There is also a new Crease Set Editor that hold edge selections where the crease needs to be maintained.
Improvements with Paint Effects
Paint Effects have always been awesome at layering details on top of existing meshes, but the Paint Effect tubes always seem to have a mind of their own that didn't play nice with the scene mesh objects. Paint Effects have been improved in Maya 2014 with options to snap to the surface of a mesh. This lets the tubes be aware of the mesh surface and adhere right to it (Figure 4). There is also a Surface Collide option that prevents the tubes from intersecting with the mesh surface. Finally, there is a Surface Attract option that causes the tubes to move towards an object like flowers reaching for the sky.
Another improvement defines how the Paint Effects grow within a volume. Using the Occupation Volume option you can have the Paint Effect tubes stay confined within a given area creating more realistic bushes and plants. Finally, for Paint Effects, are the new options to randomize the size of leaves and flowers on a plant.
For those large scale projects where your machine grinds to a halt because of all the assets that it has to work with, the new Scene Assembly features are helpful. Although it takes some time to save and name alternate versions of the scene assets, once they are in place, you can quickly swap out high-res versions for reasonable proxy versions using Alembic-based caches.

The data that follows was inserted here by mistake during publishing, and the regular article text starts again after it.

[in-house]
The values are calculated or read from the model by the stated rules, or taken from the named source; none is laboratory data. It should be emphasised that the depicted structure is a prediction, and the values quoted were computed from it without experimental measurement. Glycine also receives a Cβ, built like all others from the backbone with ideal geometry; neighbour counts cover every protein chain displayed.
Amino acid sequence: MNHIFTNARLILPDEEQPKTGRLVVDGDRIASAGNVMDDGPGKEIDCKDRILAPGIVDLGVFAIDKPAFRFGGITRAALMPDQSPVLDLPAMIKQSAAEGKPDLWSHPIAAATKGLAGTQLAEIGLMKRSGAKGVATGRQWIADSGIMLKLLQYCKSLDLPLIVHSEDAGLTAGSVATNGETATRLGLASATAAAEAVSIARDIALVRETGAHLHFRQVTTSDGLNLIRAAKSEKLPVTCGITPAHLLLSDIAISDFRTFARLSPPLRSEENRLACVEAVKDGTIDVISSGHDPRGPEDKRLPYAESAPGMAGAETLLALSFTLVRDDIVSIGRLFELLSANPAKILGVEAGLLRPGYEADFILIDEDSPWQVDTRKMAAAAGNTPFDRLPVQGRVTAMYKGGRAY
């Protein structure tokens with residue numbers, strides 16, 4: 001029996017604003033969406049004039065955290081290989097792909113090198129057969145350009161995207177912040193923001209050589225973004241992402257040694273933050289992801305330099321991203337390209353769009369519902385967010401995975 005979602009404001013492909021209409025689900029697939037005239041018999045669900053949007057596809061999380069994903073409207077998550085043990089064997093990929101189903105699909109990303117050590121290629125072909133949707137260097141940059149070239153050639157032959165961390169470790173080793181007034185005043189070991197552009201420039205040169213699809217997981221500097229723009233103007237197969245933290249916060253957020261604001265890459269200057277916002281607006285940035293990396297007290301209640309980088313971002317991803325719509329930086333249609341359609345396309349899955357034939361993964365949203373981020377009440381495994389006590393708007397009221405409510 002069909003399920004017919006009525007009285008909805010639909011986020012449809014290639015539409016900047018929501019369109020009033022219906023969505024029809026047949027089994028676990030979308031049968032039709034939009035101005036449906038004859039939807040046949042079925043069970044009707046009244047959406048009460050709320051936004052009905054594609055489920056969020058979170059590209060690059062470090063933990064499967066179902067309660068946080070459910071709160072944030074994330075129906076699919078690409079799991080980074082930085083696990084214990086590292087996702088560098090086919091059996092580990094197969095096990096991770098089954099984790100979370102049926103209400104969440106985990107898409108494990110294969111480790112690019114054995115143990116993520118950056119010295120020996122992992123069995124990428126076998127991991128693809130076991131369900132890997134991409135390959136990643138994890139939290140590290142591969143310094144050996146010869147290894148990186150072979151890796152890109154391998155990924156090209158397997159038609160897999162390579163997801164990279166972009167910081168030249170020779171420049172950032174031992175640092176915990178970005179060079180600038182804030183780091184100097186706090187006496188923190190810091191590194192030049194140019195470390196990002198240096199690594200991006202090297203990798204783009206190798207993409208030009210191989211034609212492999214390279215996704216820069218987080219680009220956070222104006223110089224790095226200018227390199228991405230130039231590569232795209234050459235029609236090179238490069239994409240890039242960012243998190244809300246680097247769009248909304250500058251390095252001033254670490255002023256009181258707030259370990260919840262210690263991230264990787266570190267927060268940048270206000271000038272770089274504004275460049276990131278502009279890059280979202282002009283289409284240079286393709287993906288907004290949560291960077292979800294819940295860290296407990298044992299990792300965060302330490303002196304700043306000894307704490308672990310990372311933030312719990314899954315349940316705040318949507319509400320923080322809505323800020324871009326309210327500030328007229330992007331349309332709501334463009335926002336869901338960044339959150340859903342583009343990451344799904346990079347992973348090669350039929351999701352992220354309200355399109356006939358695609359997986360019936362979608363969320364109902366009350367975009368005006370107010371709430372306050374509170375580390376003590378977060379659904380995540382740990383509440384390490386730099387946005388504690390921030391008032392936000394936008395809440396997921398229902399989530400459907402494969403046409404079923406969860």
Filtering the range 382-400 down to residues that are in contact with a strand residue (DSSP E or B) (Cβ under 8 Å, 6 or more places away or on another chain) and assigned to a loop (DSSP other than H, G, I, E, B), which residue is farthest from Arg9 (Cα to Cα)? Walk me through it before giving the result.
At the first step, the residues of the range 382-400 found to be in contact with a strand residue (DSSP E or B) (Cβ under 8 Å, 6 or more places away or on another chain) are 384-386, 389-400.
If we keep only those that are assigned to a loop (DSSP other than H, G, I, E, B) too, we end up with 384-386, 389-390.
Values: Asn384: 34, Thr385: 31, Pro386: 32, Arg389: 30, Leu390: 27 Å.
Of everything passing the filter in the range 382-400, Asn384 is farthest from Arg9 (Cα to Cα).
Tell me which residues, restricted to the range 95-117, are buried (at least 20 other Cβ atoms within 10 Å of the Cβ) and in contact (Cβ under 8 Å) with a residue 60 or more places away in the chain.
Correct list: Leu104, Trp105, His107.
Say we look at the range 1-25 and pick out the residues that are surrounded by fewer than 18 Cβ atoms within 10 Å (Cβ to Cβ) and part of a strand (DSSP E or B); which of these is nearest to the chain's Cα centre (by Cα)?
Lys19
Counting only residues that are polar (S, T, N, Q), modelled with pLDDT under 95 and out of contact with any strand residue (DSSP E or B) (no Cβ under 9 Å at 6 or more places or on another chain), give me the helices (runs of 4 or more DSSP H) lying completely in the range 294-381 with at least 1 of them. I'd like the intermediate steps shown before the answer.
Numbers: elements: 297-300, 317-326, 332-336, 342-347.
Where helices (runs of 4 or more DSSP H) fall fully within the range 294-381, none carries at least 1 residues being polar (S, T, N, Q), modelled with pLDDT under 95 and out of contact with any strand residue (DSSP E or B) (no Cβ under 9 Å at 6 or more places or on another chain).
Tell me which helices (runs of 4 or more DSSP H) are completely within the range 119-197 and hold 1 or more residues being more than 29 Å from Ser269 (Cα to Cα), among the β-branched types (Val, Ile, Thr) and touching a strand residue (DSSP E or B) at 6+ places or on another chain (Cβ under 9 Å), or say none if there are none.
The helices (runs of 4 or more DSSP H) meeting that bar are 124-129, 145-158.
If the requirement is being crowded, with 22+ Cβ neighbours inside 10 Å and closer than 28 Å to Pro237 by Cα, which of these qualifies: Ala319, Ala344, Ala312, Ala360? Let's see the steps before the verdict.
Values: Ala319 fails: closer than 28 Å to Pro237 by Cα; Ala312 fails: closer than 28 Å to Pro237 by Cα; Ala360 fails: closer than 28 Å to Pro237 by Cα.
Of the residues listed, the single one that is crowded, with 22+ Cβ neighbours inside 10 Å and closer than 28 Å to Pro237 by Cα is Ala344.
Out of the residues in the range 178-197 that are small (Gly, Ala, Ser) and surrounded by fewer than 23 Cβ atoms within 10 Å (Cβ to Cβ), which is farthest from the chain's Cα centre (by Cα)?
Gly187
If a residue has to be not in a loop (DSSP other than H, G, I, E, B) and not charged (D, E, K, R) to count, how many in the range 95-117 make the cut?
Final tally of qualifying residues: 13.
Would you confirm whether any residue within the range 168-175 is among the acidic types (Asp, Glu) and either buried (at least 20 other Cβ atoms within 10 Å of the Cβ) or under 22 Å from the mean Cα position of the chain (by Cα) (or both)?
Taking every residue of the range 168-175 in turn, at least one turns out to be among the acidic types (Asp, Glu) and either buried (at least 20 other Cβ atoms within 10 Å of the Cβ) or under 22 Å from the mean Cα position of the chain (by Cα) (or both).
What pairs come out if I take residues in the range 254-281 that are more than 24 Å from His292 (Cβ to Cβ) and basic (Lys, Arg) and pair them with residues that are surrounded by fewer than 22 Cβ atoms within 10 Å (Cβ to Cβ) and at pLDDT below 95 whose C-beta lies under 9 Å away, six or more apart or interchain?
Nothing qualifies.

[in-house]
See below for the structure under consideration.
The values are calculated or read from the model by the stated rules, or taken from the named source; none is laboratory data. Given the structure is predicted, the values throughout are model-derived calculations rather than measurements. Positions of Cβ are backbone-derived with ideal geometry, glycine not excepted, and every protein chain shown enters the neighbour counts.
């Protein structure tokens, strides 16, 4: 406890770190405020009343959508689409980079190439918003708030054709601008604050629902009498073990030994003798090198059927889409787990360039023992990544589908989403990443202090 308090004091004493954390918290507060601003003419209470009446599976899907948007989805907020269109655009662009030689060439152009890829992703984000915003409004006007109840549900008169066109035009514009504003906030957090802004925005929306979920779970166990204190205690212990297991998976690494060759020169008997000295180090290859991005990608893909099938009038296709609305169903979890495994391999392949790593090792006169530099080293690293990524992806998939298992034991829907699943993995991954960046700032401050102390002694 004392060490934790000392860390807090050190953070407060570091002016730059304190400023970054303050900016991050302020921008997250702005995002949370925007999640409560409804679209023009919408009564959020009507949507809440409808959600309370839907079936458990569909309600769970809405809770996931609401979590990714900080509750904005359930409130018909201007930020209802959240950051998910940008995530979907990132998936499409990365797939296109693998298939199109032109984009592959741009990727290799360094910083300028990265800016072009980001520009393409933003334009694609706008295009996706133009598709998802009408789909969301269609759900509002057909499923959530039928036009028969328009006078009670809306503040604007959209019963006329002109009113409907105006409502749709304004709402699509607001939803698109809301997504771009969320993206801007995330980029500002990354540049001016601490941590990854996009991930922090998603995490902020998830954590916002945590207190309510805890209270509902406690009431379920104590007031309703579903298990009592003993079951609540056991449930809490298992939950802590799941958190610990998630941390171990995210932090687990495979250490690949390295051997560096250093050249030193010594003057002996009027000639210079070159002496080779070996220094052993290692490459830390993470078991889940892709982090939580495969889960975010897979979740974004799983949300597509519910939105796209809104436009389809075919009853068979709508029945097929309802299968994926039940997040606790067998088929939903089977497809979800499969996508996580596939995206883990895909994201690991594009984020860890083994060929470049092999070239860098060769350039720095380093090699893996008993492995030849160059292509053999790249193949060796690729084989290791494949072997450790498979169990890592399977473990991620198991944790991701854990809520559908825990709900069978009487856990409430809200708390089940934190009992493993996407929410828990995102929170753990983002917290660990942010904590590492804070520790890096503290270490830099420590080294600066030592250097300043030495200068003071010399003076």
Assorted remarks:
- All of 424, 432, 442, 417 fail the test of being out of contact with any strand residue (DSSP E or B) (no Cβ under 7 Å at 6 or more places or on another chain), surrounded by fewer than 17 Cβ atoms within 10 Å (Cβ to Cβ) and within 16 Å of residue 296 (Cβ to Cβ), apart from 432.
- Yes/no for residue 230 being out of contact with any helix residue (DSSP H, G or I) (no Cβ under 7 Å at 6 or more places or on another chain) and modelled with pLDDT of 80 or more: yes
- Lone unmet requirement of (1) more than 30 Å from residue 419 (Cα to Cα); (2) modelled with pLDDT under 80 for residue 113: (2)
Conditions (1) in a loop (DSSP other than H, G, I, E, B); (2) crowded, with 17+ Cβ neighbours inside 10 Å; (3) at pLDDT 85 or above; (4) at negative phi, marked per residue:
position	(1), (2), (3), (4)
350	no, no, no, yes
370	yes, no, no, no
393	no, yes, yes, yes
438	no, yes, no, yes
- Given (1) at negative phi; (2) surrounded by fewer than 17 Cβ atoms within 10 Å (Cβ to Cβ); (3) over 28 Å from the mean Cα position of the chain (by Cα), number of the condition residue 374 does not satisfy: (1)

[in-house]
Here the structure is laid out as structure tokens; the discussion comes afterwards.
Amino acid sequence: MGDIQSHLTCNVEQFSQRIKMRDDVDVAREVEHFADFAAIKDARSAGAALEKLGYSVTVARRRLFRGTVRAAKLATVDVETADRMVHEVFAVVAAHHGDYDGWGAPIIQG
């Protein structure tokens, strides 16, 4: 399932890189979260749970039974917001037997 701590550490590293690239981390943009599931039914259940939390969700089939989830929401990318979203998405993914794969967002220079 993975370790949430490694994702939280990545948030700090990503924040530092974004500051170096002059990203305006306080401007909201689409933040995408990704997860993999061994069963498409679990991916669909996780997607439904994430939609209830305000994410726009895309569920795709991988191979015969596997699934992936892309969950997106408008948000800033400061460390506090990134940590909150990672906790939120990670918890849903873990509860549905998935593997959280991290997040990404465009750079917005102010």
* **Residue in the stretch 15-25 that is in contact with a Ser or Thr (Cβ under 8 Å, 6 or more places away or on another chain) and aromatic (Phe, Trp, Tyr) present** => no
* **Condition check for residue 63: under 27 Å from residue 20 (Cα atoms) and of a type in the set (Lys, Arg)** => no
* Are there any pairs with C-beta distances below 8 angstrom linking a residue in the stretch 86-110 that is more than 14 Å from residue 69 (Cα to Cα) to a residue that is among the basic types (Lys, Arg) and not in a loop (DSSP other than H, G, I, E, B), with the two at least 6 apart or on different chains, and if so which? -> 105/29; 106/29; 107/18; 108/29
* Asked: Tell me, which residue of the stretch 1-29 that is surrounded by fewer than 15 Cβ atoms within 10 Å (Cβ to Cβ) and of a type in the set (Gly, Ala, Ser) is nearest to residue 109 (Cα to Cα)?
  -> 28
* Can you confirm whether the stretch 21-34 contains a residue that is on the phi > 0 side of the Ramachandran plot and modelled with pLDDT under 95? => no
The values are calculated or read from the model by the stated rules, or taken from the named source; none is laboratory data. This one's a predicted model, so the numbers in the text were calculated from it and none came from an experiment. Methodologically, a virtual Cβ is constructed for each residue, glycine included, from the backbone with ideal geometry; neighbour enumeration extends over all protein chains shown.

This lets you generate pre-visualization scenes and verify animation, lighting and scene layouts before wasting rendering resources to find the problem areas.
The Rendering improvements for Maya 2014 involve both the rendering output and the viewports. The big news is support for DirectX 11 along with support for HLSL shaders. This includes and UberShader that has advanced options for displaying displacement, translucency, and blurred reflections directly in the viewport.
For the Dynamics side of Maya 2014, you can now add an nHair system to an nCloth system and the collisions are detected both ways. You can also use the new Collide with Mesh option for nHair systems. There is also an option to fill a geometry mesh with fluid so that the fluid takes the shape of the mesh.
The Maya development team keeps a list of what it has coined as Small Annoying Things (SAT). These are the small changes that bug users and the team has a project to identify and improve on these requests which come directly from users.
For Maya 2014, several SAT requests that have been addressed include changes to the Interactive Split Tool, the ability to edit edge flow, displaying vertex colors in the viewport, showing notes in the Attribute Editor, a new Increment and Save button and panning in the Outliner.
Autodesk makes the full list of current SATs available online and encourages users to help identify problems with the software that need to be addressed.
It's great to see a list of improvements that were specifically requested by Maya users. This shows Autodesk's commitment to the users. It's also great to see a simplified panel like the Modeling Toolkit that makes modeling easier by placing a set of only what you need in a small convenient place. All of the improvements together make Maya 2014 an even stronger package than ever before.
Maya 2014 is available for Windows, Linux, and Macintosh OS X. For more information on any of these products, visit the Autodesk web site located at http://www.autodesk.com. A free trial version is also available at http://www.autodesk.com/freetrials.